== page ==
Reduced mobility of di-propylene glycol methylether in its aqueous mixtures by quasielastic neutron scattering
Journal article, 2010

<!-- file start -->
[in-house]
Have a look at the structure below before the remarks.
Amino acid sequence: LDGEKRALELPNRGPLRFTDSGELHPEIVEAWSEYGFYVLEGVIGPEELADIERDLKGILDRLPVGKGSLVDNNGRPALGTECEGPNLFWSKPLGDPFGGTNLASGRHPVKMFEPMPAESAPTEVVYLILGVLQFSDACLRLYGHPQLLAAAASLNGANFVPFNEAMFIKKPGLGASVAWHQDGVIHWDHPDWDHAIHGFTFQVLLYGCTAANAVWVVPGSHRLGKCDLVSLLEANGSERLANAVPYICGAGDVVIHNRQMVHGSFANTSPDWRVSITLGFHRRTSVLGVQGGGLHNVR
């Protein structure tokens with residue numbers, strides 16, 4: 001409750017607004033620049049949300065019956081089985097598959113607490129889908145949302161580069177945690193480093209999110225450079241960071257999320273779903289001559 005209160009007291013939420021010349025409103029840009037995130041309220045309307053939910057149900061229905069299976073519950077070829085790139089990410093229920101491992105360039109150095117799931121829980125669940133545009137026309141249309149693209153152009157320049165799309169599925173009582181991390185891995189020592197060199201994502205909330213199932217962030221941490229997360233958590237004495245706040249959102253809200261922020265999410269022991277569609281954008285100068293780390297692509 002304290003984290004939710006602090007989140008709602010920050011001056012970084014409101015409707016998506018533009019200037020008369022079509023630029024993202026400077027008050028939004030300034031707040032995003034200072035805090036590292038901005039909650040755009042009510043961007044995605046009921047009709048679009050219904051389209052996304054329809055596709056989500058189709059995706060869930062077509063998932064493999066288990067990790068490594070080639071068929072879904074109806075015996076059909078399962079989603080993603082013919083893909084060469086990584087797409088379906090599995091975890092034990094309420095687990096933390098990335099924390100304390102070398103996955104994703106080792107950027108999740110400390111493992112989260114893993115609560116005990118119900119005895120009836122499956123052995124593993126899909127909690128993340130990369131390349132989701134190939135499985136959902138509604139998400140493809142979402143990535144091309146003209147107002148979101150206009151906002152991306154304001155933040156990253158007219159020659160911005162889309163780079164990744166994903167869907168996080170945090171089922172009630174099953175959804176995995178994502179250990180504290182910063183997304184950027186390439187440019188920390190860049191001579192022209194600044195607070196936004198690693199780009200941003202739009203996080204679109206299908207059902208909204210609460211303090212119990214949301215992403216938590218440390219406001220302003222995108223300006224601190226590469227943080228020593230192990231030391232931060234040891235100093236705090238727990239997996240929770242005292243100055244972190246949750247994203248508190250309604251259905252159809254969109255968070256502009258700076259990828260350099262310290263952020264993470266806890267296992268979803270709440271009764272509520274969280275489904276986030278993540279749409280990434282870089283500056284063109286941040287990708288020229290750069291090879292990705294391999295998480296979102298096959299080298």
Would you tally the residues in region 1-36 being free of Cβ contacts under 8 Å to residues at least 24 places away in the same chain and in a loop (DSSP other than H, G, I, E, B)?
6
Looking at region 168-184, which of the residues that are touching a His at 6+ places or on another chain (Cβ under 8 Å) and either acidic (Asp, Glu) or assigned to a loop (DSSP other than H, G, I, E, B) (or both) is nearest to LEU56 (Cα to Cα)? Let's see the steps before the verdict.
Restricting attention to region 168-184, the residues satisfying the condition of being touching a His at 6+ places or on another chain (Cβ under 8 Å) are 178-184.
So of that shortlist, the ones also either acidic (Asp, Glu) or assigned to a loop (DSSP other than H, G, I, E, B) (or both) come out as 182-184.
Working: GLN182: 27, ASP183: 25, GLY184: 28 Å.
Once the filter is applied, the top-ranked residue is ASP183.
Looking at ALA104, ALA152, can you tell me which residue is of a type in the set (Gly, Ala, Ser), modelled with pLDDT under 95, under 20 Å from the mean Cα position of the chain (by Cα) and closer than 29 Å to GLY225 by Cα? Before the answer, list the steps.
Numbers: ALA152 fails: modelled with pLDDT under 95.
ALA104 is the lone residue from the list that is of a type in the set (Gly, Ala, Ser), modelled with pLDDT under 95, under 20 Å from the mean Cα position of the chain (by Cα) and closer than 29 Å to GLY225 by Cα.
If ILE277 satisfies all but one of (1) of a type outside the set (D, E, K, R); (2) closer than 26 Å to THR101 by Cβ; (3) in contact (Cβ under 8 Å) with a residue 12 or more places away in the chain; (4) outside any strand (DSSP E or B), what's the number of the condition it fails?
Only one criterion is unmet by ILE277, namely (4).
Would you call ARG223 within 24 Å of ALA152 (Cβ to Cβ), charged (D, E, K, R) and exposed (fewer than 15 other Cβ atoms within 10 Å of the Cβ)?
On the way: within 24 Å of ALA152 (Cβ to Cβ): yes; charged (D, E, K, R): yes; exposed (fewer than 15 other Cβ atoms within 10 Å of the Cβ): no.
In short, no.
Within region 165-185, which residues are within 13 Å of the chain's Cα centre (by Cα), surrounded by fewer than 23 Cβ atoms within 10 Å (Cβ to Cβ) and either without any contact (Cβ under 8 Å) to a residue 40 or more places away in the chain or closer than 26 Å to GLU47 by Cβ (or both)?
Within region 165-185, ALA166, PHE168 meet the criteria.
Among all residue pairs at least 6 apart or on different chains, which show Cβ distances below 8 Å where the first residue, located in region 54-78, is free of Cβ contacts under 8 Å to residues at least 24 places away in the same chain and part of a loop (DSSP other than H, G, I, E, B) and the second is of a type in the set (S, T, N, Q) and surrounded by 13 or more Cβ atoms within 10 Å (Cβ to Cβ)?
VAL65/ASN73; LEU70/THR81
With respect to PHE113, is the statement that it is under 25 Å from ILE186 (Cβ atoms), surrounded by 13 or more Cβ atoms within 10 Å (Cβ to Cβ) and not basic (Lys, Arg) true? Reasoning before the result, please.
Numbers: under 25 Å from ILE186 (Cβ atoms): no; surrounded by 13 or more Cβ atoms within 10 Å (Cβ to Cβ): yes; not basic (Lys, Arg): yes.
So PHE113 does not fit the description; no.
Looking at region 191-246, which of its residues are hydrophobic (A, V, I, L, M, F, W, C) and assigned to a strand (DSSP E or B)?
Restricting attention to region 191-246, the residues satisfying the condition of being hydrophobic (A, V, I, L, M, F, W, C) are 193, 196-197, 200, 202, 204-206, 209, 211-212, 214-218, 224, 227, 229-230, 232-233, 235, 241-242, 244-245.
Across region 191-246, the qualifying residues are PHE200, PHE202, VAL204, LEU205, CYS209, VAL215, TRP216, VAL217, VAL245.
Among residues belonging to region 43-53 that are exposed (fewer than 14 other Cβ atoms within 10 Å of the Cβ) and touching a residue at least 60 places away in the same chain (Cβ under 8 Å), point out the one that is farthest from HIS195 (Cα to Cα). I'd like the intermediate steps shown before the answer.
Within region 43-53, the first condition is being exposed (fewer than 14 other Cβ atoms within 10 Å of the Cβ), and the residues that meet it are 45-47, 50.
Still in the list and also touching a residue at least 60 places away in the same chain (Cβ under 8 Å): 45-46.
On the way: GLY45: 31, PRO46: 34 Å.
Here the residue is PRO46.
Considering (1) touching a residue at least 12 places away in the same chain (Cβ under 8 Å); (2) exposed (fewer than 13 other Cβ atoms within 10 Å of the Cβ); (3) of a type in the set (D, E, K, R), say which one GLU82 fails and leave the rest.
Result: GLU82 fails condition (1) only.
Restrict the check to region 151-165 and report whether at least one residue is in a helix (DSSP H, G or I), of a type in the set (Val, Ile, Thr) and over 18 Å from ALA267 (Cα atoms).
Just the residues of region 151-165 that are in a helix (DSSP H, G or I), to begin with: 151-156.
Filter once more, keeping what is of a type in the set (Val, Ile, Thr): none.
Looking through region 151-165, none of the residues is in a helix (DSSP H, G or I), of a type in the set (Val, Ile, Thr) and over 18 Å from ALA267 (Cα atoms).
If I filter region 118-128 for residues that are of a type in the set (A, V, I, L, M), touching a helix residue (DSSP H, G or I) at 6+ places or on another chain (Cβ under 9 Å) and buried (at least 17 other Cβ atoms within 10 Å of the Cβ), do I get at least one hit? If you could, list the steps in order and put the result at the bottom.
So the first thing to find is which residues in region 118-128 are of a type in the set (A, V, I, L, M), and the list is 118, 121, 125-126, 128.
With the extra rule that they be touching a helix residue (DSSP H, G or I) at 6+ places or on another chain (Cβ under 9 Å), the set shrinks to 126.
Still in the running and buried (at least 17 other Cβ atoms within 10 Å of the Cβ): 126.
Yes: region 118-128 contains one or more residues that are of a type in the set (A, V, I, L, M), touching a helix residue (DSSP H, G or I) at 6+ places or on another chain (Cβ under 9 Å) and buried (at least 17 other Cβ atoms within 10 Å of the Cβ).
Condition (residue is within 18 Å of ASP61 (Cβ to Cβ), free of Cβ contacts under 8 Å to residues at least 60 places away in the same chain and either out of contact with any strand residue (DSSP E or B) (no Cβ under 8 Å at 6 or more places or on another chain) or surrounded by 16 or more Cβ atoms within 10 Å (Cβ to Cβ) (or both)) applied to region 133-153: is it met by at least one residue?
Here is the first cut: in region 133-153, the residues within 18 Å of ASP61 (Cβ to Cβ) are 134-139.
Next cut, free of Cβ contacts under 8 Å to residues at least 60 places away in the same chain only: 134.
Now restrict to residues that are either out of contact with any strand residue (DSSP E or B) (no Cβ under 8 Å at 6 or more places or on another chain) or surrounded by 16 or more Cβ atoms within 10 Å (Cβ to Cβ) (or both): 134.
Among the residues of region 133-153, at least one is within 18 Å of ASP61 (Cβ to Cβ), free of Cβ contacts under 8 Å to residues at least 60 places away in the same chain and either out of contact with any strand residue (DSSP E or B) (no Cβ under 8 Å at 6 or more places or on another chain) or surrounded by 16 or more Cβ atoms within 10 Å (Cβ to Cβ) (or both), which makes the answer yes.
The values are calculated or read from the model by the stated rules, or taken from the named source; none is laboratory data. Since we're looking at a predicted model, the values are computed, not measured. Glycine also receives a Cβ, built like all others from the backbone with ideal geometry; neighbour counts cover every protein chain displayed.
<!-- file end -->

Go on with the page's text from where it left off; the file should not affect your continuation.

The hydrogen (H-) bonding interplay between water and other organic molecules is important both in nature and in a wide range of technological applications. Structural relaxation and, thus, diffusion in aqueous mixtures are generally dependent on both the strength and the structure of the H-bonds. To investigate diffusion in H-bonding mixtures, we present a quasielastic neutron scattering study of di-propylene glycol methylether (2PGME) mixed with H2O (or D2O) over the concentration range 0-90 wt.% water. We observe a nonmonotonic behavior of the dynamics with a maximum in average relaxation time for the mixture with 30 wt.% water, which is more than a factor 2 larger compared to that of either of the pure constituents. This is a result in qualitative agreement with previous calorimetric studies and the behavior of aqueous mixtures of simple mono-alcohols. More surprisingly, we notice that the dynamics of the 2PGME molecules in the mixture is slowed down by more than a factor 3 at 30 wt.% water but that the water dynamics indicates an almost monotonous behavior. Furthermore, in the low momentum transfer (Q) range of the 2PGME, where the intermediate scattering function I(Q,t) is considerably stretched in time (i.e., the stretching parameter beta << 1), it is evident for the 2PGME-D2O samples that the Q-dependence of the inverse average relaxation time, (tau)(-1),is greater than 2. This implies that the relaxation dynamics is partly homogenously stretched, i.e., the relaxation of each relaxing unit is somewhat intrinsically stretched in time.